With the Philippines bracing itself for the impact of artificial intelligence (AI), tech startup Connected Women is training both skilled and underskilled women for them to become data annotators, which are considered to be essential in any program that uses AI.
Labeling and categorizing images can earn data annotators around P500 per day, depending on their output. This is more than what many Filipino women earn in the informal economy due to lack of education or access to decent jobs. Outside Metro Manila, the minimum wage ranges from P200 to P400 a day.
The training is part of the #WomenRiseAboveCovid program in partnership with the joint EU-UN Women program WeEmpowerAsia. The initiative is one of two tracks with the other focused on helping women business owners during and beyond the Covid-19 pandemic.
Gina Romero, founder of the Connected Women, said the reputation of Filipinos as hard-workers will help stand out in this fast-growth market. “As long as we keep advocating for the training, the tools, the knowledge, and the awareness about these types of opportunities, I think this industry will surely grow,” Romero said.
The startup said it plans to train 200 women by the end of the year and 1,000 more by next year.
Although more and more companies around the world are using AI for their operations, the reality is that these machines still need to “learn”. This is where data labeling comes in, the startup said.
The data labeling process uses human intervention to train AI applications by labeling data such as images, text, or voice. The data is then labeled by the AI and verified by a human so that it can further improve its accuracy.
The industry is expected to be valued at more than $1 billion at the end of 2023 and $1.6 billion by the end of 2025. Countries like India, Romania, and the Philippines have started to jump on the bandwagon, employing thousands to work for companies such as Google, Microsoft, Walmart, General Motors, and more.
Connected Women started as a platform where entrepreneurs from all over the world can look for high-quality Filipino talent. Foreseeing this new demand from tech giants who need the services of data labelers, it has expanded its programs to include training women to become adept data annotators.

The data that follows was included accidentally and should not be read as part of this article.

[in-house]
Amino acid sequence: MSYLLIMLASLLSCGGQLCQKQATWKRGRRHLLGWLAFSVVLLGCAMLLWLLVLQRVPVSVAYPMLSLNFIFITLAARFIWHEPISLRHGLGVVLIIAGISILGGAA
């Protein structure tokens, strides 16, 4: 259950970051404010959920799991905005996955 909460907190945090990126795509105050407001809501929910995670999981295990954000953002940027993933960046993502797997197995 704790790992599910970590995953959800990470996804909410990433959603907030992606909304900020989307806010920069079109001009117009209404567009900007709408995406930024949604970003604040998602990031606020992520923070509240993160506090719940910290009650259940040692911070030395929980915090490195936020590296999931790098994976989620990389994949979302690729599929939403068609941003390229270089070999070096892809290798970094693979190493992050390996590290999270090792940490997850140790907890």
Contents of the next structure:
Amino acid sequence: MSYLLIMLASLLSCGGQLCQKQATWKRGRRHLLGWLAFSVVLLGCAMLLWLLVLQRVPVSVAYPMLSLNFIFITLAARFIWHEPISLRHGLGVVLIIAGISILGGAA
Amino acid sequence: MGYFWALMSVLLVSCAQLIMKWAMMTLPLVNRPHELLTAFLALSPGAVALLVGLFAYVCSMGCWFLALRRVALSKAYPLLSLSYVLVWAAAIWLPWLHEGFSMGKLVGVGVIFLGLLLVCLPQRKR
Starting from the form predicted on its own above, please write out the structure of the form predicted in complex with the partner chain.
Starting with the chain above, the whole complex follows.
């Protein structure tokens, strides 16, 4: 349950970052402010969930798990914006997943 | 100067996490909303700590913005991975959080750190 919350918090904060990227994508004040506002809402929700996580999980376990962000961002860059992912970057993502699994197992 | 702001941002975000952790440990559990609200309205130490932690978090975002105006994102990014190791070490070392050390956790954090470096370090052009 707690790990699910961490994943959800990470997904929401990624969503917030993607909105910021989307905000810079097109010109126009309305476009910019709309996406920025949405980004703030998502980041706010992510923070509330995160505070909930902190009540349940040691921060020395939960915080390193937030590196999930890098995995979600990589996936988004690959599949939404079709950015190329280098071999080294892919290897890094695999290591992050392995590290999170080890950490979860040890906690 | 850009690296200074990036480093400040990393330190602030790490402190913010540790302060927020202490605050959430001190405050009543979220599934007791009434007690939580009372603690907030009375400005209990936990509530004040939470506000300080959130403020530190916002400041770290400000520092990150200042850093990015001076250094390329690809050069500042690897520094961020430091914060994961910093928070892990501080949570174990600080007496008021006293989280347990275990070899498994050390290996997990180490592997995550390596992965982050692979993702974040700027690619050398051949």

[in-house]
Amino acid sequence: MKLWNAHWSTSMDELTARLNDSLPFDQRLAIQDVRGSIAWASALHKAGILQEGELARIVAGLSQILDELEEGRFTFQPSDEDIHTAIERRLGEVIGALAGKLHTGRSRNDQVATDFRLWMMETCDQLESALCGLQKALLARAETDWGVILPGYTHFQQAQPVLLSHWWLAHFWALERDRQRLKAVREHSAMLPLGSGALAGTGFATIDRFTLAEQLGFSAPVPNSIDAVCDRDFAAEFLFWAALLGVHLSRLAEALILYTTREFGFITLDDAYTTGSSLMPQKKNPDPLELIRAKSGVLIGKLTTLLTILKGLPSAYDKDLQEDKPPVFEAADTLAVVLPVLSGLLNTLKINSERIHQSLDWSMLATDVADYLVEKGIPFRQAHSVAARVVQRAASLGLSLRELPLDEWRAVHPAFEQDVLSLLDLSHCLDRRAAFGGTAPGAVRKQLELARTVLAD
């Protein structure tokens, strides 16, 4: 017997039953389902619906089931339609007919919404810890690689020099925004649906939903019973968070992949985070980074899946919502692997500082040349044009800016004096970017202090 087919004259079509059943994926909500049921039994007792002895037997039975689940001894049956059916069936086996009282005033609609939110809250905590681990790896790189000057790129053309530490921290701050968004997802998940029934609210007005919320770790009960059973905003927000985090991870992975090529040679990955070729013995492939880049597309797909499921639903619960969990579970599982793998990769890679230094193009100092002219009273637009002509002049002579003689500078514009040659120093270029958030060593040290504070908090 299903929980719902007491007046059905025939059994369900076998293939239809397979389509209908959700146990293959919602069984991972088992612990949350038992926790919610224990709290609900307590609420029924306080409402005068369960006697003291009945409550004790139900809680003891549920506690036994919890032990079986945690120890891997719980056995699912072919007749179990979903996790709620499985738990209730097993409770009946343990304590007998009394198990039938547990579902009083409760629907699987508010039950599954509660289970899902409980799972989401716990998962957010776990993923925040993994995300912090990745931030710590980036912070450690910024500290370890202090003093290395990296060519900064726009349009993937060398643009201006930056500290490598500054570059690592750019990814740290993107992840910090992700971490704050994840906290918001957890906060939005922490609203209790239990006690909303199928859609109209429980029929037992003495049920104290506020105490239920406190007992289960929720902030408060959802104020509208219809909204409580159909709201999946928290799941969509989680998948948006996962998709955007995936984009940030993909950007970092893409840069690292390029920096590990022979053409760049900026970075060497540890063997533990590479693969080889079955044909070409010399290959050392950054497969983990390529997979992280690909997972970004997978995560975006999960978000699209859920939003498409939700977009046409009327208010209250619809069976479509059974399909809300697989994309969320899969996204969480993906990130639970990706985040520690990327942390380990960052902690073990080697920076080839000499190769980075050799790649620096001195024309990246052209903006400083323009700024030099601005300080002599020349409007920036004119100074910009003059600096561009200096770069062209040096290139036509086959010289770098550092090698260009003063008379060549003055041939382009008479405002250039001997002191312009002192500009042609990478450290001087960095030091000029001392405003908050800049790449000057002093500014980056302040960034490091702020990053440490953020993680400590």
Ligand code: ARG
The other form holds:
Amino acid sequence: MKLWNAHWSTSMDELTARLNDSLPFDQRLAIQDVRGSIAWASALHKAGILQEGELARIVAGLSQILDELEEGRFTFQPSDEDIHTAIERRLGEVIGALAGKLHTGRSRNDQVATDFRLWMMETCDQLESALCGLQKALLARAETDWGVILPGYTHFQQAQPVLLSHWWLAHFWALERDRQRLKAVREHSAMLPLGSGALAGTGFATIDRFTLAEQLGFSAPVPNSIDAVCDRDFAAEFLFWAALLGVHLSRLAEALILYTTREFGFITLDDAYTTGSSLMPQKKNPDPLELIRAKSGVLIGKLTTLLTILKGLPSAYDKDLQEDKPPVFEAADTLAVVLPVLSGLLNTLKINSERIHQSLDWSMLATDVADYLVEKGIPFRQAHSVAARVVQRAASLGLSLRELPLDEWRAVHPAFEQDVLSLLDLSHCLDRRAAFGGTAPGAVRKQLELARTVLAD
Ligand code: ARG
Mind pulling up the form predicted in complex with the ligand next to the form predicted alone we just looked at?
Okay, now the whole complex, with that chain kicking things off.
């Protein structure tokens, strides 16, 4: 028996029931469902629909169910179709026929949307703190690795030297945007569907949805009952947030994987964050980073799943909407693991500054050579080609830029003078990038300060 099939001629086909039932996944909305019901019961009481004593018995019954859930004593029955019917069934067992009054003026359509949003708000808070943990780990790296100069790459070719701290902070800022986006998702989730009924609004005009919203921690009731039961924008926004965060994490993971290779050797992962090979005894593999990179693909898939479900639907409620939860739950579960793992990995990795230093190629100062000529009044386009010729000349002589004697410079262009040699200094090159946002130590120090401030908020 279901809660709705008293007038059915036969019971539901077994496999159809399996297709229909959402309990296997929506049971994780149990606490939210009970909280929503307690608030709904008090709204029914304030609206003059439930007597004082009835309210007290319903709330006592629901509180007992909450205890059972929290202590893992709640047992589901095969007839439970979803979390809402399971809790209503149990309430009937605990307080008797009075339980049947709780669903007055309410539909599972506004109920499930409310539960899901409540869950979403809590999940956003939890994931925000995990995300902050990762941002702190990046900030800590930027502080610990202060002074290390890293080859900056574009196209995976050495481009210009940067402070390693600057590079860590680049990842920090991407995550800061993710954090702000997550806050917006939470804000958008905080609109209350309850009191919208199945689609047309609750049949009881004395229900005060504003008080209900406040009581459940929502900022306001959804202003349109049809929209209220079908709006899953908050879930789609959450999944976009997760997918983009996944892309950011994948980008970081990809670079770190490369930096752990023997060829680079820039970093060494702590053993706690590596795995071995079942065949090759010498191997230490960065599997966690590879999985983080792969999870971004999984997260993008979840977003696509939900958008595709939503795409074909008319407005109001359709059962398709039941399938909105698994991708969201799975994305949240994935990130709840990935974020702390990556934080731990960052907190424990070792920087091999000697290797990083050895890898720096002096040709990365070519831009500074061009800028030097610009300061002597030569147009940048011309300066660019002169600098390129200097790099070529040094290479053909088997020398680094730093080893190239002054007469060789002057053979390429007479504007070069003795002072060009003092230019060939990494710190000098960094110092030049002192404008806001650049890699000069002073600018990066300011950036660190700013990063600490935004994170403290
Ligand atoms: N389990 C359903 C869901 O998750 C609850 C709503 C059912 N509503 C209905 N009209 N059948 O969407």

Connected Women said its community consists of over 70,000 members with the majority coming from cities like Manila, Cebu, and Davao. The startup said it is trying to reach smaller communities too, with the help of private sector partners and local government units.
Seventy members have been selected to be part of the initial pilot training for “Elevate AIDA (Artificial Intelligence Data Annotation)” where they were trained in basic data labeling skills such as image identification, classification, and categorization. These are women who previously did not have any knowledge of AI or data labeling, the startup said.
Aside from UN Women, the startup said it has also partnered with various organizations such as the Department of Information and Communications Technology, Globe Telecom and Facebook, to provide access to the necessary training, tools and connectivity to make their initiative a success.
One of the participants of the pilot test was Ida, a single mother and a working student. Because of the lockdown, Ida not only needs to provide for her two young children but also take care of them and do her daily chores around the house.
Her greatest challenge was looking for work that would allow her to stay home with her children. “It gives opportunities to single mothers like me who have a hard time looking for work,” she said.
Janette, a former OFW who got displaced because of Covid-19, is another participant who said that she will recommend her work to friends and family. She was working in Qatar but had to come back to the Philippines because of the pandemic. Because of opportunities such as data labeling, which can be done online, women like Janette have a choice not to leave the country.
Another trainee is an 18-year-old juvenile stroke survivor, Rica. She was 16 when she had an Ischemic stroke which she felt limited her career options. During the lockdown, she decided that she needed a job that she could do at home and will allow her enough flexibility as she continues with her physical therapy.
“I learned and discovered a lot of jobs I can do even while working from home. I also did not feel discriminated against,” Rica said.
With a daily pay of around P500 for categorizing batches of images, all the participants agreed that this was a reasonable rate. Tasks can be carried out at any time.
As an online job, data labeling falls into the broad category of “flexible work” that enables people to work the hours they would like, from anywhere in the world. This also gives corporations access to a global talent pool. Workers, on the other hand, can avoid the hassle of travel by working from home and have more flexibility to take care of household responsibilities.
Romero said that more and more women are seeing this type of work as an alternative to their corporate jobs. In fact, the whole country seems to be considering this “new normal” as a viable career option. The Philippines is currently ranked as the 6th fastest-growing freelance market, with a 35% growth from 2019.
“Our members want to learn about the different types of remote work and what skills they can bring online,” Romero said. “Technology is a game-changer for women and providing access to remote and flexible work means having a choice between staying in the workforce or being forced to drop out.”